During the period between World War II and the Vietnam war, conscientious objectors in the U.S.A. were still very unusual, mostly to be found among Mennonites, among Brethren, and (a very few indeed) among Friends and
friends of Friends, including
civil right activists. Bob Moses,
the outstanding civil rights activist, was a CO but was not
recognized; I have a copy here at
home of his lengthy biography compiled by the Justice Dept.and
the FBI. He and his wife went to
Canada rather than be prosecuted.
He's back in the U.S. now; he lives in Cambridge, I believe; his head was beat in so badly in the
civil rights days that he can't work as a math teacher any more.
I can think of only a single African-American CO who was recognized as a CO during the period from 1945 to 1968 or 1970----- the very height of nonviolent
civil rights activism in the U.S.A.
Pendle Hill held a conference
of and for WW2 CO's in 1996; of
course there cannot be another one.
I was lucky enough to attned (al-
though I am a Vietnam-era CO),
Not a single African American, CO or otherwise, was present, as I
remember. Then Pendle Hill held
a similar conference for Vietnam-era CO's in 1998, which I attended as well (and there I presented a paper; it's available on the web; both conference proceedings are
still in print). Again, despite
the fact that there were many
African-American CO's and draft
resisters during the Vietnam war,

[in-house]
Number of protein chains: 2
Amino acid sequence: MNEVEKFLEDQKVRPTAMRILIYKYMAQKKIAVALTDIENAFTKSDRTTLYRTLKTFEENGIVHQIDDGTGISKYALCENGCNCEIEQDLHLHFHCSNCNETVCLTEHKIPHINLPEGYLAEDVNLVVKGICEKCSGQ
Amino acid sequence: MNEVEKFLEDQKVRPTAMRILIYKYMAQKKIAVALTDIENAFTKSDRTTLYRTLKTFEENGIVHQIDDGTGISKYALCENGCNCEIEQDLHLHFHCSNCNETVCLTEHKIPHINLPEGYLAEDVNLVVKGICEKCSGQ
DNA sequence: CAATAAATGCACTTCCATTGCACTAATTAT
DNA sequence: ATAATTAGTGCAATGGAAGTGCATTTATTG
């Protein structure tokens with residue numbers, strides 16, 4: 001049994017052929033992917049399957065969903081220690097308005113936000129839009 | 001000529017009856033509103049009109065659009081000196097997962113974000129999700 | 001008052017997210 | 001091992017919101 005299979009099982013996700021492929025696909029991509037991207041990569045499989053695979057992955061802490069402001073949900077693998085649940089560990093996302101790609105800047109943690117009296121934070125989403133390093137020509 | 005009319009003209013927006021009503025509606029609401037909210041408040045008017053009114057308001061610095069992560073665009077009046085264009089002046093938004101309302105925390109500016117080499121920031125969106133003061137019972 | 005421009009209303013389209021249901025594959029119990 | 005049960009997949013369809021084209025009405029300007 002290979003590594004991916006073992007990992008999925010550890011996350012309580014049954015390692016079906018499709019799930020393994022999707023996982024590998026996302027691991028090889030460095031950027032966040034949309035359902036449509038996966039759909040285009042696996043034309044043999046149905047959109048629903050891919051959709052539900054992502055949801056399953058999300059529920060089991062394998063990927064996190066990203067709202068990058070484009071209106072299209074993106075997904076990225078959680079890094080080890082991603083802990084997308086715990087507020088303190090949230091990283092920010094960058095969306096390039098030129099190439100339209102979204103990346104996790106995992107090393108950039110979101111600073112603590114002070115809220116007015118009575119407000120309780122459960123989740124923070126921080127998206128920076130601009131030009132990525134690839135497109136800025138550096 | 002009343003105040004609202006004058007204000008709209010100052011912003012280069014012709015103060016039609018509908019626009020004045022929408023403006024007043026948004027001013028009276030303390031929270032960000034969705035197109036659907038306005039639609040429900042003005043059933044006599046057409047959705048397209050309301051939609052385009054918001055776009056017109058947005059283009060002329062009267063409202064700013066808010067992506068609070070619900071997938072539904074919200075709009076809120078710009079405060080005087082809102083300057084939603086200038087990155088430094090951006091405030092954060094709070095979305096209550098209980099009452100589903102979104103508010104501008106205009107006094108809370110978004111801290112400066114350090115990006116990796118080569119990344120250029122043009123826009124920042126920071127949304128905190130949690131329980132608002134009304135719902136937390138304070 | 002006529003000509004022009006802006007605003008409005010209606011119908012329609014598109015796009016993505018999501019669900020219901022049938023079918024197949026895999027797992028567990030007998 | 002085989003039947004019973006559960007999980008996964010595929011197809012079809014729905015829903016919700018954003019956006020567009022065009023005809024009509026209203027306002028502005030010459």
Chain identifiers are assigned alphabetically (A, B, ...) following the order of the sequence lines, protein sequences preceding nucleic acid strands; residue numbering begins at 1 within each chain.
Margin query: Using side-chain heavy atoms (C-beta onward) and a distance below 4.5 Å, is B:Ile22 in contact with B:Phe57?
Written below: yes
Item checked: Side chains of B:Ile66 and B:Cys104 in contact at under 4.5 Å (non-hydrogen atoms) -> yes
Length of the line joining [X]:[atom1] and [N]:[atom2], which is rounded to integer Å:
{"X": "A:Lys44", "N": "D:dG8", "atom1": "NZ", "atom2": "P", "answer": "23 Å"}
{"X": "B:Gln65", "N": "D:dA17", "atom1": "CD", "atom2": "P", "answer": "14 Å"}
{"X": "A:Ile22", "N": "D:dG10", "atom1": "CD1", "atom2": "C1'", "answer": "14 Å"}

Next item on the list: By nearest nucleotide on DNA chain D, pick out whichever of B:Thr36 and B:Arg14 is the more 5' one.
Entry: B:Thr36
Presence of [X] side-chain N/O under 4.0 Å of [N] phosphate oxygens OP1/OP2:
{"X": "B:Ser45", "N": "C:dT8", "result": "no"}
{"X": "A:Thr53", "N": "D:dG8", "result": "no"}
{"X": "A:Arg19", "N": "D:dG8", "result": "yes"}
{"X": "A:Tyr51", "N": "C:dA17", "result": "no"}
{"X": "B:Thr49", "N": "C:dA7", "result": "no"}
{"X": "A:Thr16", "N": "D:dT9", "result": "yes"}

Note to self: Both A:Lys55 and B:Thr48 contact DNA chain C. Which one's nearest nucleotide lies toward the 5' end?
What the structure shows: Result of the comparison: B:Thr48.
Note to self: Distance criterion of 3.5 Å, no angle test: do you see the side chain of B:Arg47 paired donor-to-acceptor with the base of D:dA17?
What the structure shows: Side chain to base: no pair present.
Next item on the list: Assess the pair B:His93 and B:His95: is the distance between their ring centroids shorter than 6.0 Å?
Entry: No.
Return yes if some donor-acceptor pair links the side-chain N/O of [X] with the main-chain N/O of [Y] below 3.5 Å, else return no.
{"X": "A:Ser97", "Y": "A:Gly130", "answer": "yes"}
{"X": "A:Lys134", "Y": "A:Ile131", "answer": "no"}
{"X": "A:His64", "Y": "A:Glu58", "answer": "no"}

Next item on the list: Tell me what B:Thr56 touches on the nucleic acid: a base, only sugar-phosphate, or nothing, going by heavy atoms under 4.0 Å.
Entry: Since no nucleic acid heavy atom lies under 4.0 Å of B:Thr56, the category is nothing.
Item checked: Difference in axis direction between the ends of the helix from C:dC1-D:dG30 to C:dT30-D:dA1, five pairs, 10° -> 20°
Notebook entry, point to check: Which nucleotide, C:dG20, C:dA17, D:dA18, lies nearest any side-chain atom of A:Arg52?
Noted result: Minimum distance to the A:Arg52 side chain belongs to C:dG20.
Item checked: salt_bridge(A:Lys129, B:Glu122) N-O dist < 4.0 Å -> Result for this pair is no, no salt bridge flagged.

none was present for the conference, if I remember right.
During the late 1950's and
early 1960;s, many young pscifist
men protested the launchings of
Polaris submarines by swimming out to them and handcuffing themselves to them; they were generally sentenced to six months or so in prison. After the Vietnam war was
wound down, many (mostly Catholic
pacifists) engaged in a prolonged
"Plowshares" civil disobedience
campaign agaist nuclear weapons.
And now there seems to be little
visible conscientious objection
at all, except among military
personnel who decide that they
are CO's after all and seek dis-
charges. This is where you and I
can come in: help organizations
like Center on Conscience & War.
It seems like a whole different world from 1948, when the peacetime
draft act was passed; a large
group of Quakers, mostly from Ohio
Y.M. (Cons.) and elsewhere in the
Midwest, refused toe register.
Some emigrated to Costa Rica, All
this made enormous news in some
places. Now the in-service CO's
don't seem to make news even among Quakers.
Jeremy Mott